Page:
You’ve seen my yearly Top Five lists, but how about a “best of the best” list?
For those of you who have been following this blog, you’ll know that I’ve been producing a list of my favorite books published for each of the years I’ve been blogging. While I probably should have done this after my 2017 list, so I’d have the top five of the last five years, but I didn’t think of it back then, so I’m going to give you instead my top seven of the last seven years. In any case, I’m hoping this will become a new yearly feature, that is unless you all get sick and tired of it (let me know, okay)!
Anyway, here were the #1 ranked books of the past years:
- 2013 – “A Tale for the Time” Being by Ruth Ozeki
- 2014 – “A Man Called Ove” by Fredrik Backman
- 2015 – Two books tied for first place:
- 2016 – “Flight of Dreams” by Ariel Lawhon
- 2017 – Three books and a novella tied for first place:
- 2018 – “Warlight” by Michael Ondaatje
- 2019 – “The Last List of Miss Judith Kratt” by Andrea Bobotis
Wait a minute – that’s 11 books over seven years. Well, that means that first I’m going to have to cut down the ones that tied in 2015 and 2017. But… rather than discard them altogether, they surely deserve to be included as honorable mentions. So let’s start there:
The first three honorable mentions were relatively easy to choose. In descending order, they go to:
#4 – The novella, “The Deal of a Lifetime” by Fredrik Backman (partially because it isn’t a full-length novel, and well, there’s some magical realism in there that isn’t totally my thing, even though I ignored that in the rating).
#3 – Backman’s “Beartown” and,
#2 – “My Grandmother Sends Her Regards and Apologises,” also by Backman.
This isn’t to say that I didn’t love these three books or Backman’s writing, but if I have to compare them with the others, then to be perfectly honest, they’re just that tiny touch of a minuscule bit of a level slightly lower than the rest (by a whisker!).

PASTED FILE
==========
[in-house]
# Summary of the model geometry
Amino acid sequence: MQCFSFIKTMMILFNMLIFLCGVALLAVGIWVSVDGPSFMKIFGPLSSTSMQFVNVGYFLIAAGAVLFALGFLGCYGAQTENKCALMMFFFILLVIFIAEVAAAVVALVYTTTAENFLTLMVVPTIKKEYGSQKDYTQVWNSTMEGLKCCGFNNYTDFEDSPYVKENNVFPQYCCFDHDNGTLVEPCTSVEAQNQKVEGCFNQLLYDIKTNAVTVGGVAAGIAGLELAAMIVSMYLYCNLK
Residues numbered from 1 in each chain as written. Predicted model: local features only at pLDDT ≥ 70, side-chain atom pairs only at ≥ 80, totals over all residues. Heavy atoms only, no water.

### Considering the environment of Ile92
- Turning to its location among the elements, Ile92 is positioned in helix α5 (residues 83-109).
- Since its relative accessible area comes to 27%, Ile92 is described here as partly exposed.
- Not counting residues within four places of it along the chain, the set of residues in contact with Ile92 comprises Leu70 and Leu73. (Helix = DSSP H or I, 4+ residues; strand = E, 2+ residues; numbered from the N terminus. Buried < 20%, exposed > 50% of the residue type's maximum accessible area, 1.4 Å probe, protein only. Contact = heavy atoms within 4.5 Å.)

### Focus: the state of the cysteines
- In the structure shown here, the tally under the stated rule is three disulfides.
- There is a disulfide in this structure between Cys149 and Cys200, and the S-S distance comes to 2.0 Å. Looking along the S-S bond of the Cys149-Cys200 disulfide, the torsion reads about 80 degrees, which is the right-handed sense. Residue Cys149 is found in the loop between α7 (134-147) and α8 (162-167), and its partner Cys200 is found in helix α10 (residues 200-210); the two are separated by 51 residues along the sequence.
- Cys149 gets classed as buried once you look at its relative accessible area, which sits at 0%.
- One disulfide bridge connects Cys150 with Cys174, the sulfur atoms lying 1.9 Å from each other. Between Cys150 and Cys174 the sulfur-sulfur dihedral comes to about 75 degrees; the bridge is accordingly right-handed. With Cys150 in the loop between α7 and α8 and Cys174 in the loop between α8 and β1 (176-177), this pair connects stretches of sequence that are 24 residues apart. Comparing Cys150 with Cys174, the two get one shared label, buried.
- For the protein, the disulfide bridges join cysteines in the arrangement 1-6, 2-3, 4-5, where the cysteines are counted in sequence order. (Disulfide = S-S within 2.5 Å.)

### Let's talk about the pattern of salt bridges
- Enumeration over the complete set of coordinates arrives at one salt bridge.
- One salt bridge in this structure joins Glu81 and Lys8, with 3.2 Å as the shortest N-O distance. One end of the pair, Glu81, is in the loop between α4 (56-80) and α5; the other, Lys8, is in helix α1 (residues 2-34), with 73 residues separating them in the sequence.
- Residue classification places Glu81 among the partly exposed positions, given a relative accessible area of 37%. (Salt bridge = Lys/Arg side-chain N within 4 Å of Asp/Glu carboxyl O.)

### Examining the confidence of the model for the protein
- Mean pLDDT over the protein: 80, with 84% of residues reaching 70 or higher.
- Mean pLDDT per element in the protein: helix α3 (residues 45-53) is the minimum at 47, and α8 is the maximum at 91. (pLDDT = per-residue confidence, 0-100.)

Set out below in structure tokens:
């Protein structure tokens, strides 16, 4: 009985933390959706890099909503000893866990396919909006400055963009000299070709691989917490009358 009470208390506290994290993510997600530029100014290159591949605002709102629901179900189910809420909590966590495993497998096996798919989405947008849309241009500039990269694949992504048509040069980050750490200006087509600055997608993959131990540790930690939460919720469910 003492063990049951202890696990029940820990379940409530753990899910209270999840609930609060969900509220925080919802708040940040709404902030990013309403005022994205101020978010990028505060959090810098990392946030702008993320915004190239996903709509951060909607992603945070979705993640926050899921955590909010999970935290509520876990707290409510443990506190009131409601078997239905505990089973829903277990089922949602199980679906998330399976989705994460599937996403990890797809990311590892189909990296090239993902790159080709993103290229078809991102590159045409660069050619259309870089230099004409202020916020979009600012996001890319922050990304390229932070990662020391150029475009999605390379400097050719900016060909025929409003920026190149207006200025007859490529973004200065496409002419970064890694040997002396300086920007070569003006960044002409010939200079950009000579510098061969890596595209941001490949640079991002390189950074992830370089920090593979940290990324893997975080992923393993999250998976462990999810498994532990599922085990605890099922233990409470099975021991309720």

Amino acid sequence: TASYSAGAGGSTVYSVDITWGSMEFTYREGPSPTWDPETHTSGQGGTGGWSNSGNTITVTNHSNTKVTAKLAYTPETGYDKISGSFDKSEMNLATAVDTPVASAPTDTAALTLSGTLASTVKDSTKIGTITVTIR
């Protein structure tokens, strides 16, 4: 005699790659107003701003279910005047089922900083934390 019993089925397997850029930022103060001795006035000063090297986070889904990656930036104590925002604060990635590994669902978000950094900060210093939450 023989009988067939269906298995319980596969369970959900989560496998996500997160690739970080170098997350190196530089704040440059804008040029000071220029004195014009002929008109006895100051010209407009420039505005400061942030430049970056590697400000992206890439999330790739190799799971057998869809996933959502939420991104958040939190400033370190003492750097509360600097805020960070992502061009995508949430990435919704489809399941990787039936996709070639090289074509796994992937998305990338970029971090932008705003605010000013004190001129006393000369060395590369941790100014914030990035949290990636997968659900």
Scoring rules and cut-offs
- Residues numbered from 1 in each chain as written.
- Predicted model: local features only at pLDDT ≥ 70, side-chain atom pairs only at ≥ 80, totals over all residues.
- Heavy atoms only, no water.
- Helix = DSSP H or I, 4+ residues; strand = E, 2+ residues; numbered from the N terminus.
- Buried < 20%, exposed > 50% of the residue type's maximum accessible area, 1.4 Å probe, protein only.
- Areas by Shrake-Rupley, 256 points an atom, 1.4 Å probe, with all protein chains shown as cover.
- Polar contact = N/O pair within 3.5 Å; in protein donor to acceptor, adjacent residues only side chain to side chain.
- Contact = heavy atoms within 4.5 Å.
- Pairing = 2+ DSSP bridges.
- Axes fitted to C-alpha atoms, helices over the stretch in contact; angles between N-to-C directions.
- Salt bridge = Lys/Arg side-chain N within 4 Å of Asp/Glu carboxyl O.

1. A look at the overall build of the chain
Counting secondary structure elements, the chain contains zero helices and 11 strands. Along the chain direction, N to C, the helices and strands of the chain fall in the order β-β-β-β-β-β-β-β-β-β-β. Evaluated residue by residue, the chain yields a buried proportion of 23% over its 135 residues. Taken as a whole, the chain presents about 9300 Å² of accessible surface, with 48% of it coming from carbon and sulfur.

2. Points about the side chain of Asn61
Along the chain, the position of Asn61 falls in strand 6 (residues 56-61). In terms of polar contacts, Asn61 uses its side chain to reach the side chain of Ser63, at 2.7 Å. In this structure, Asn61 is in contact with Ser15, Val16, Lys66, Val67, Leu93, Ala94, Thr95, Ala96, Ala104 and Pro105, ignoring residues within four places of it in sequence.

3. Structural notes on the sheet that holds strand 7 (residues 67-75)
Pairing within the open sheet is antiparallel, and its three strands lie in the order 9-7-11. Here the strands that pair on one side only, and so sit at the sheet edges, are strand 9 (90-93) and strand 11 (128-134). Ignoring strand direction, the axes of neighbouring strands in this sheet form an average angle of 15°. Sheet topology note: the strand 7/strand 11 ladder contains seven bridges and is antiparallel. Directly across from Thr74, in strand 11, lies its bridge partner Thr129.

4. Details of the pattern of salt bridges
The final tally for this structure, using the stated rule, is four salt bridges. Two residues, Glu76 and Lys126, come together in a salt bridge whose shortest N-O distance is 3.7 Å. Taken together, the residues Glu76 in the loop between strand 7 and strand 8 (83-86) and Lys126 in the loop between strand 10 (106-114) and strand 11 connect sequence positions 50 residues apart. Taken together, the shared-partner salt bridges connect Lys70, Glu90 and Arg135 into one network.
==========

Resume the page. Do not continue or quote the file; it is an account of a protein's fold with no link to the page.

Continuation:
That leaves my #1 favorite honorable mention, and the book that came devilishly close to getting a spot on this list as “The Music Shop” by Rachel Joyce. I probably should have let it tie it for 7th place, but I really wanted just one book from each year, so I’m letting it take the top honorable mention spot instead.
That leaves me with the following, which again, was no easy task to rank. And the winners are:
- In 7th place: “A Spool of Blue Thread” by Anne Tyler
- In 6th place: “A Man Called Ove” by Fredrik Backman
- In 5th place: “Warlight” by Michael Ondaatje
- In 4th place: “All the Rivers” by Dorit Rabinyan
- In 3rd place: “Flight of Dreams” by Ariel Lawhon
- In 2nd place: “The Last List of Miss Judith Kratt” by Andrea Bobotis
- In 1st place: “A Tale for the Time Being” by Ruth Ozeki
You might be wondering how it is that my favorite author (Michael Ondaatje) didn’t take the top of the top of this list? Well, to begin with, the sheer beauty of the writing in the Rabinyan book was what pushed that one up the list. The Lawhon novel was the most engrossing historical fiction novel I’ve ever read (and yes, I was really ticked off that this didn’t bring Lawhon more recognition for her amazing writing). Bototis moved up not only for the beautiful writing, but also for the originality and the fact that it was a debut novel. As for the Ozeki, beyond a doubt, that is a book that has kept me thinking about it more than any other on this list, ever since my first reading. Furthermore, while I loved Warlight, it isn’t my absolute favorite of his books (that’s still reserved for “The English Patient” with “The Cat’s Table” an extremely close second). I also know that I almost couldn’t write the review of Ozeki’s book, because I loved it so much.
You also might wonder how an obscure Israeli author’s novel overtook what I think is Tyler’s finest work to date, not to mention pushing down the debut novel that skyrocketed Fredrik Backman to international acclaim. The answer to that is simple – Rabinyan’s book is the finest re-imagining and modernization of Shakespeare’s “Romeo & Juliet” that I’ve ever read. Agree or disagree with these decisions as you will! (I know you will. Or will you? Hell, I’ve changed my mind on this list at least 20 times already, so go right ahead.)
There you have it, my best of the best for the years 2013-2019.
Who knows, but maybe my #1 book for 2020 will beat them all out and grab the top spot from Ozeki this year!